How To Forgive

Everyone deserves to be forgiven, to some degree. And at the same time, the quality and extent of forgiveness really depends on the person who is doing the forgiving. So more often, as a person trying to practice compassion, our question becomes, “Are there some people that we can never forgive?” I think it is difficult to forgive sometimes, with certain people or in a certain situation.

So it’s not just a question about whether someone deserves to be forgiven––everybody deserves to be forgiven––it’s more a question of whether we can actually forgive some people, or not.

And it is absolutely possible that sometimes we can’t. Sometimes we can’t forgive and that’s the fact. So that’s why it becomes so important to train our mind in kindness, compassion and mindfulness, through which slowly, slowly and gradually, we may reach a point where suddenly we feel like, “Oh, it’s OK.” At that point we may think, “There’s nothing to do, or accomplish, by not forgiving.” And coming to that kind of conclusion really depends on our practice of working with our mind. It depends on how skillful we are in training our mind.

Forgiving Skillfully

Forgiveness is not only about protecting ourselves from harm, or how we work with a situation in which we have been harmed. We also have to think about the other person––the one who is causing harm. You know, if we excuse someone too easily, then that’s not going to help that person. If we say oh it’s alright and let them off the hook, so to speak, then they may cause more harm, doing the same thing again and again, thinking, “It’s easy to be forgiven.” So you should torture them a little bit, just for a little while. No, I’m just kidding.

One of my teachers pointed out to me how often teachings on conduct, or how to behave compassionately, are misunderstood. For example, you often hear, “If someone slaps your right cheek, you should show them your left cheek.” You may genuinely have the capacity to endure harm and injustice with patience, which is admirable. But if your thought is to let your attacker slap you again and again, just for the sake of your own good karma (from the Buddhist point of view), or praise from others, or for your own salvation or what-have-you, then that is something else.

At that point, you are actually involved more with your own self-interest than with the other person’s well-being. You could say that even though you are not hitting back or shouting, you are not being truly kind. The most helpful thing you could do would be to stop that person from doing further harm and accumulating more negative karma. You’re more concerned with yourself and achieving some kind of badge of mindfulness, compassion and salvation. So in that sense, putting up with someone’s negative or abusive behavior could actually be considered a self-centered view.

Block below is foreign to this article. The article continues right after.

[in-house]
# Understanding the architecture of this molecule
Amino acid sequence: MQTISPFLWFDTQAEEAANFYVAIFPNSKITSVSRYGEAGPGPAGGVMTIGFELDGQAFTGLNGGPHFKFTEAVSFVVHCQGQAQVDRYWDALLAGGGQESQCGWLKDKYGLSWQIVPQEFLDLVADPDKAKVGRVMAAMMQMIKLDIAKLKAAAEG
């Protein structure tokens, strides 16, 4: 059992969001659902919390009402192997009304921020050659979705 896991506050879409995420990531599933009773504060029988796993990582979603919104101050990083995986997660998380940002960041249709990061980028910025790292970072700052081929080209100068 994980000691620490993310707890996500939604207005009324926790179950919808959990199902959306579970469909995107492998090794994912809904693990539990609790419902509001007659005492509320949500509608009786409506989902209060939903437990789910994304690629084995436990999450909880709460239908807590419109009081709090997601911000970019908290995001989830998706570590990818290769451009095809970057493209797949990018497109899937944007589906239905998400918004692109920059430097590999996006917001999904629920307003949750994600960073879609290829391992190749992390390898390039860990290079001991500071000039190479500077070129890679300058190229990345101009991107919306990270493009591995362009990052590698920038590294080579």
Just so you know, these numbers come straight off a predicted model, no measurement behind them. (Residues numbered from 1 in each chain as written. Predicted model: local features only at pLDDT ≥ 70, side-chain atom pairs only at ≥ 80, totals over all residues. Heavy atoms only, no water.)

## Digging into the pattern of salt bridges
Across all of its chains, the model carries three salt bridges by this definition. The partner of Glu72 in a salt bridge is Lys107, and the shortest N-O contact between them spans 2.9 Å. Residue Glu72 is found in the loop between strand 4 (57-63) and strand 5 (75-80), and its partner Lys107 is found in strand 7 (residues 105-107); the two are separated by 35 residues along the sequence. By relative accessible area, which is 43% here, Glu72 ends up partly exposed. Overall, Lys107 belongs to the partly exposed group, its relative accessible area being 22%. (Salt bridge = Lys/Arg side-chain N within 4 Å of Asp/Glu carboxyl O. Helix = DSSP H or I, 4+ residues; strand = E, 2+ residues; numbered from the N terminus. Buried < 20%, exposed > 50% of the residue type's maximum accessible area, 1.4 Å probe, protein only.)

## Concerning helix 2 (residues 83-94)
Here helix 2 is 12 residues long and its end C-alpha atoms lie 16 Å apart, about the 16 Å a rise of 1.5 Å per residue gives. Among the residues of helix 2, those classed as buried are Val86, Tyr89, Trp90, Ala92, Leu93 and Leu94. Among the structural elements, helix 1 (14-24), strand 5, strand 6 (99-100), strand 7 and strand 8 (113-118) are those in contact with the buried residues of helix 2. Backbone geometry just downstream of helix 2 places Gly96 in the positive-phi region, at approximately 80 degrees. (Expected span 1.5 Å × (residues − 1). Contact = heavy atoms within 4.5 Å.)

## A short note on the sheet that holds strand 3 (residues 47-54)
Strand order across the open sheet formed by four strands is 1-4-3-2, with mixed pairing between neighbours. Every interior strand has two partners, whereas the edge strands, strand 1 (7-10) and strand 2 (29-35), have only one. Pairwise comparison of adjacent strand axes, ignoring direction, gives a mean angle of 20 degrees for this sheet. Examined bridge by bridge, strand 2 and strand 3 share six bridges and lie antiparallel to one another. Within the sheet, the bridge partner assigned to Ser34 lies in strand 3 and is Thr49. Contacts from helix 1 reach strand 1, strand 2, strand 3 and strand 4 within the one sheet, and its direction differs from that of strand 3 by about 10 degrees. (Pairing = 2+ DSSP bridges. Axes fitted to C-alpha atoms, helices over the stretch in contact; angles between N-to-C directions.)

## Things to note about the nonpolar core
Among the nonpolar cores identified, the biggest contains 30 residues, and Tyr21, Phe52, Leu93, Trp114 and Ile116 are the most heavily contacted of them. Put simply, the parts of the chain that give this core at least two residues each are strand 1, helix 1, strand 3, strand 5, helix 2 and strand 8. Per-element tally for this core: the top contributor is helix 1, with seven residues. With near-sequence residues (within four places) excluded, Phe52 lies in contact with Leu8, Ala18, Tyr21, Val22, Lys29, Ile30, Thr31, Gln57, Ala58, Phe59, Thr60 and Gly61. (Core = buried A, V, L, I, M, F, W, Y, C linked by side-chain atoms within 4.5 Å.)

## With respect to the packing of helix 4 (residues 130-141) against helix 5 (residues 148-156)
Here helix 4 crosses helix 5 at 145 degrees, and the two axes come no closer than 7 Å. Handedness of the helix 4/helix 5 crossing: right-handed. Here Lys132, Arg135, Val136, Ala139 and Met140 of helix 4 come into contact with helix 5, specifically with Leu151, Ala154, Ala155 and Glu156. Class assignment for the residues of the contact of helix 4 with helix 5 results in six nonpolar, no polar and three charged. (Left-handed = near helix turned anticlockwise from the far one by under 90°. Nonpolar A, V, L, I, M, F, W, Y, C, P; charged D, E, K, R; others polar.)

And so my teacher said that when someone slaps you on the right cheek, and when they’re coming back to slap you again on the left, you should stop them right there. Grab hold of their hand and stop them from hurting you. That’s an act of compassion. Because then you’re helping that person to stop creating more negative habits, negative tendencies and negative karma.

It’s the same thing with forgiveness. We need to see not only how we can exercise our own compassion and loving kindness, in this noble practice of letting go and forgiveness, but we also need to see how it can help that person who is doing harm. So in Dharma talk, we call this “being timely and skillful.” This means that when we practice forgiveness, it’s important to find the right time to make that gesture, and we need to be skillful about how we do it.

Forgiveness: Questions to Contemplate

1. Ask yourself, Am I ready or able to forgive this person? If not, we can continue to work with our mind, to continue to cultivate loving kindness and compassion. Then we can check back and ask ourselves again a while later. It might take a few days, or weeks. In some cases it might be months or even many years before we feel we can forgive someone. And in some cases it isn’t possible for us to do it.

2. If you feel you would like to forgive them, you can ask yourself, Why am I forgiving them? What is my motivation? Do I want to help them, or only to develop my own practice? It is important to be honest in answering this for ourselves.

3. If you have some sense of wishing for their well-being, then you are already beginning to forgive. Ask yourself, How can I express forgiveness skillfully? What would be most helpful? In many cases it may not be advisable, or even possible, to speak directly to the person who did the harm, but it may be possible to communicate forgiveness in another way, such as through a symbolic gesture that is meaningful to you.

If you feel you cannot forgive someone, don’t be hard on yourself. Be kind to yourself and keep practicing, keep working with your mind. Little by little, you may begin to feel different about the situation. But if for now you can’t forgive, don’t worry. Focus on being kind to yourself and others. That is a wonderful way of bringing benefit into the world, whether or not you forgive this particular person, this particular event, or not.